The lawsuit, filed against the Crowne Plaza Chicago O’Hare Hotel where Jenkins was found dead, says the hotel was negligent and had failed to secure the walk-in freezer, and also failed to carry out a proper search when Jenkins went missing.
The suit was also filed against Capital Security and Investigations, the hotel’s security contractor, as well as Caddyshack, the restaurant that was renting the area where Jenkins was found.
Jenkins was 19 when she was reported missing in the early hours of Sept. 9, 2017. Police did not find Jenkins’ body until about 20 hours later. Jenkins had been attending a party held in a room at the Crowne Plaza.
The Cook County medical examiner’s office concluded in October 2017 that Jenkins died of accidental hypothermia, and that alcohol and topiramate, a drug used to treat epilepsy and migraines, were “significant contributing factors” to her death.
Tereasa Martin, Jenkins’ mother, said that she was not aware her daughter had been prescribed any medications.
Despite the autopsy ruling, significant controversy has surrounded Jenkins’ death, with people—including Martin—saying that Jenkins was a victim of foul play.
Police released surveillance footage that showed Jenkins had been stumbling through the hotel corridors prior to heading into the abandoned kitchen and turning a corner.
The freezer Jenkins was found in was inside a refrigerator. The structure was just out of view of cameras, so no footage reportedly exists of Jenkins walking in. A detective’s description of the freezer says that the inner door was self-closing. The door was latched shut and could only be opened by pressing a circular handle. The door mechanism functioned properly.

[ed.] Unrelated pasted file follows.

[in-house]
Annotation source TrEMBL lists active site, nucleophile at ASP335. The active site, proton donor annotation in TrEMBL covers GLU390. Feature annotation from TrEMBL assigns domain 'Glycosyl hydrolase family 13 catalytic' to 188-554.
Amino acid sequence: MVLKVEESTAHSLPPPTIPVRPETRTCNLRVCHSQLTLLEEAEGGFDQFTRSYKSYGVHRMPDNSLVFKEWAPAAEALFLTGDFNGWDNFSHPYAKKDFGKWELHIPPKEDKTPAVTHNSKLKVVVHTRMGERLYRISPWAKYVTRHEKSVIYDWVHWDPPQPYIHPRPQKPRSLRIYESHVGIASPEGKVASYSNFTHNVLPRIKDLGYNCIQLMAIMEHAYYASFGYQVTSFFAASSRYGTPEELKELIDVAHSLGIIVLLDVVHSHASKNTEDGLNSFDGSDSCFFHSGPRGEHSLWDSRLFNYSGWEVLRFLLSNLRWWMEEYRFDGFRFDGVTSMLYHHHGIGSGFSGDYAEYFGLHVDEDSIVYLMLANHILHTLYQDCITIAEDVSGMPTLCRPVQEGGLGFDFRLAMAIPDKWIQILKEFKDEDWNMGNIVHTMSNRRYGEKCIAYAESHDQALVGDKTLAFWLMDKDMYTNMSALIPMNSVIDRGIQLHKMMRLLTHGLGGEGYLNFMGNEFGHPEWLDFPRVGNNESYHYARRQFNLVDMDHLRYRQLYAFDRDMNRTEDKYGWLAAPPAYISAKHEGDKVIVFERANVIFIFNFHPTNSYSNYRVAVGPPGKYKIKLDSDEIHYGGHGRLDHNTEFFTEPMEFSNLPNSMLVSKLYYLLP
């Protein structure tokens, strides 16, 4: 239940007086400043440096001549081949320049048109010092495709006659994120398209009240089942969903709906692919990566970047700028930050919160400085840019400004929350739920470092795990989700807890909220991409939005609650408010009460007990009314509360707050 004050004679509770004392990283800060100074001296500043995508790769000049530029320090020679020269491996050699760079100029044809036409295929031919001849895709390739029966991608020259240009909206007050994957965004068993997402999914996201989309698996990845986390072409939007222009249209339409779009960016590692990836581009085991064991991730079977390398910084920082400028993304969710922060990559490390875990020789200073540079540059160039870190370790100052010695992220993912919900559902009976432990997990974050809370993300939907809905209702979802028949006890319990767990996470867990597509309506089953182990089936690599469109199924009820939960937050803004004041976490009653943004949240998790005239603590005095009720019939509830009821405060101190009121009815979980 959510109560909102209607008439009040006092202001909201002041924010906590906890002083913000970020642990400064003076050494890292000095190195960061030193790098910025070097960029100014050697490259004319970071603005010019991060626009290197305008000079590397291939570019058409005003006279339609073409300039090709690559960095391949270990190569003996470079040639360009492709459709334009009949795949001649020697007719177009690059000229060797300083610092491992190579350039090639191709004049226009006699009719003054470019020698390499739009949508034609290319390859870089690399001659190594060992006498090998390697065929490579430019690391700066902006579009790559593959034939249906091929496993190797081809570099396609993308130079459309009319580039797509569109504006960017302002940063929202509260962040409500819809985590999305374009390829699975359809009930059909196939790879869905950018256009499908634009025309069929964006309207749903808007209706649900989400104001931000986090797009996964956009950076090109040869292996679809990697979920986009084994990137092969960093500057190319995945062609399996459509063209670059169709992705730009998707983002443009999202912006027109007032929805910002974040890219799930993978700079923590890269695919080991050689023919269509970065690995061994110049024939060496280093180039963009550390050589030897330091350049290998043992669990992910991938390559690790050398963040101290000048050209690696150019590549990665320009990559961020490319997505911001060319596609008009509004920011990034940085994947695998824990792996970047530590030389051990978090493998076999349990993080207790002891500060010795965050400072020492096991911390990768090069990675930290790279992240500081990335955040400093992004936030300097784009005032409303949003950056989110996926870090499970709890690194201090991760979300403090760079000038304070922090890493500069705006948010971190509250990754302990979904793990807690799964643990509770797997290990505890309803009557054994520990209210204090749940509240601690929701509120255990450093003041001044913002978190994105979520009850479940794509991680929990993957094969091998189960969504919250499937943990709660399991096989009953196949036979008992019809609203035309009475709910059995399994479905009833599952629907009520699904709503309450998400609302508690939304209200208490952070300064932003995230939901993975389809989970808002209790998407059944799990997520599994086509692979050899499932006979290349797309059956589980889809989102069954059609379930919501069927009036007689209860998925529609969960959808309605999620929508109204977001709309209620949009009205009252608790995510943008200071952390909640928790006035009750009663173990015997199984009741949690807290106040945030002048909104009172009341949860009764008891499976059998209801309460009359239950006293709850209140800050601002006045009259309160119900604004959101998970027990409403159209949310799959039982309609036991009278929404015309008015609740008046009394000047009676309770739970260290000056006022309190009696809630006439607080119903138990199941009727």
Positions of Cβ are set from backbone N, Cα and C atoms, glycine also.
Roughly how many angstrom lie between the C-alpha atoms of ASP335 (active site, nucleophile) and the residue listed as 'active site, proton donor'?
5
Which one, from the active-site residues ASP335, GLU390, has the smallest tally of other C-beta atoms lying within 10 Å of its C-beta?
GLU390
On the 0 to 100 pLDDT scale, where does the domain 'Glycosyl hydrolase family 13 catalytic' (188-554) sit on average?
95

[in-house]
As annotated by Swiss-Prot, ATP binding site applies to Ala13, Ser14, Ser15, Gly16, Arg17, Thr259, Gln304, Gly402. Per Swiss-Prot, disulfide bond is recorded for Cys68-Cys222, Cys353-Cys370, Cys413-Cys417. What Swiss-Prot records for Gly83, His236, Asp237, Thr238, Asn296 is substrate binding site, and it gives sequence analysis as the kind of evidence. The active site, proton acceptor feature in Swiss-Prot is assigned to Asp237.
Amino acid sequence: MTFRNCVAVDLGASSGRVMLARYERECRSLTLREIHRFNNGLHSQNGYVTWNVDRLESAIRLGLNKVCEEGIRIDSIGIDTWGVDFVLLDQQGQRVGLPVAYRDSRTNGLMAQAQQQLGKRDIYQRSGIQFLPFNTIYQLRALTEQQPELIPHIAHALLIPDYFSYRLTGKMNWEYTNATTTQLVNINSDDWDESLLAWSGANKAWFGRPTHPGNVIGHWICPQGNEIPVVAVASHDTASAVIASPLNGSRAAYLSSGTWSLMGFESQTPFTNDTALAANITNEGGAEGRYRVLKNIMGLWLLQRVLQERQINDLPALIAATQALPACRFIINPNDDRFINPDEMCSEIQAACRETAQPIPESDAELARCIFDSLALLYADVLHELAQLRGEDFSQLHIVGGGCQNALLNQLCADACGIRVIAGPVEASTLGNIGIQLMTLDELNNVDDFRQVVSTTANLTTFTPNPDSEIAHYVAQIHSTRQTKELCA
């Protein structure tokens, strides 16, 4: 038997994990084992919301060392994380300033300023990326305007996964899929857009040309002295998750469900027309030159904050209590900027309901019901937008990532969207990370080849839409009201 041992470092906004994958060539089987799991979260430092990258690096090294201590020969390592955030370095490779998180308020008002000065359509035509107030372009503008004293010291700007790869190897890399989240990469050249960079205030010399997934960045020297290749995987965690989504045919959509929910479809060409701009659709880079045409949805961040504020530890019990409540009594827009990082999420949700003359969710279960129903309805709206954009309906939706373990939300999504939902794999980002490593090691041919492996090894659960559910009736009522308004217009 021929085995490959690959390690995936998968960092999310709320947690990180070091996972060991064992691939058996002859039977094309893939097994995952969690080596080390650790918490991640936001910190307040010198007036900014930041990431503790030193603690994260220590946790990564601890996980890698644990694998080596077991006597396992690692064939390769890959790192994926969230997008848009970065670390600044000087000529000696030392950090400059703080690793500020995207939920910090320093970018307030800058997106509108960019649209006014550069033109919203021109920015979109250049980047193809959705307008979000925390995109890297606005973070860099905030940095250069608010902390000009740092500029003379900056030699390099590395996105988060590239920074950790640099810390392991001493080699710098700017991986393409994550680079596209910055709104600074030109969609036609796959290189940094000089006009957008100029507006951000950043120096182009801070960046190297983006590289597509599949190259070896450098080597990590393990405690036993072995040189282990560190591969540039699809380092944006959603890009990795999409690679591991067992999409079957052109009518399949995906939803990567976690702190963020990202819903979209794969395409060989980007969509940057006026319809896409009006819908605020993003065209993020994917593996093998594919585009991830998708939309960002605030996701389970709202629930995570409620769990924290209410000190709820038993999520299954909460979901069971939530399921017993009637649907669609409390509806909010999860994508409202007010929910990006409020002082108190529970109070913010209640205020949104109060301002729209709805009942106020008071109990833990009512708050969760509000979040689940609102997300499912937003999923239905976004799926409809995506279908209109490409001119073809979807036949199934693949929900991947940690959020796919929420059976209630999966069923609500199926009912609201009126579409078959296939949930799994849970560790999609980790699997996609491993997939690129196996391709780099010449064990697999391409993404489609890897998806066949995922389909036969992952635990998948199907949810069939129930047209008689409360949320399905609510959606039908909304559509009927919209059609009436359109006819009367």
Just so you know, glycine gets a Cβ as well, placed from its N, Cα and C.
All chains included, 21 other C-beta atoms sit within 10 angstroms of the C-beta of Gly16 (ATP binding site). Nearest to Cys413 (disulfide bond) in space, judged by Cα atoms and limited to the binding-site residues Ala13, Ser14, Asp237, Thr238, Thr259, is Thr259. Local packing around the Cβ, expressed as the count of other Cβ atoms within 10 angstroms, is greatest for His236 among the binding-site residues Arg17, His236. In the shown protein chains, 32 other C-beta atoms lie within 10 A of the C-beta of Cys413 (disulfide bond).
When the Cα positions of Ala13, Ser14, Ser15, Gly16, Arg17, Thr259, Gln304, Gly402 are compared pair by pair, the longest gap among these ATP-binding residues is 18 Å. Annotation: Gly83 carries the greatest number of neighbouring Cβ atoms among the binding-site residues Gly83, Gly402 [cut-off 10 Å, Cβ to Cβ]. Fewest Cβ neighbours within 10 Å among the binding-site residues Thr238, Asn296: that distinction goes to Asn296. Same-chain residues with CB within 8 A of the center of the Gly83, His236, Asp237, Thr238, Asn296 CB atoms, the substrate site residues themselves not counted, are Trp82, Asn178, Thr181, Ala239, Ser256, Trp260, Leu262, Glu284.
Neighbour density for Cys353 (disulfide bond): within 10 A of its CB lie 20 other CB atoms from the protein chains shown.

Neither the freezer, nor the kitchen it was located in, were used by the hotel in September last year when the incident occurred. The refrigerator had been leased to Caddyshack restaurant but that only opened this year in April. A news release from the company said that it had signed a deal in July 2017 to lease space in the hotel.
It is unclear why the freezer was running while not in use at the time of Jenkins’ death.
The lawsuit claims that the hotel had other walk-in freezers that were locked and not accessible by the public but the one that Jenkins died in was unsecured.
The freezer also had “a sticker affixed that was completely faded and failed to instruct how to release the lock system of the door,” the lawsuit said, according to the Chicago Tribune.
Caddyshack restaurant should have secured the kitchen and also ensured that the empty freezer was turned off, according to the lawsuit.
The lawsuit said that hotel employees should have stopped Jenkins from stumbling into abandoned areas of the premises as she was seen to have walked past a number of hotel employees in the corridors.
“Had Crowne Plaza defendants and employees and/or agents of defendant Capital Security properly intervened when they observed [Jenkins] visibly disoriented, confused, and lost within their premises, they would have prevented her from entering the abandoned kitchen and prevented her death,” the lawsuit contends, according to the Tribune.
The lawsuit also said that the security company had failed to stop the party that Jenkins had attended, where dozens had been present in a room meant just for four people and the smell of “strong intoxicants” was apparent. If security had intervened, Jenkins would still be alive, the lawsuit said.
The hotel and security also did not review the security camera footage promptly enough following Jenkins’ disappearance, the allegations suggest.
A Crowne Plaza spokesman told the Tribune that the hotel will fight the lawsuit.
“The death of Kenneka Jenkins was a tragedy but the proximate cause of her death were the unsavory individuals who used a stolen credit card to book a room and host an illegal party which Ms. Jenkins attended,” he said.
“Those criminals escaped the hotel before police arrived and have never truly been held accountable. This lawsuit has no merit and we will vigorously contest it.”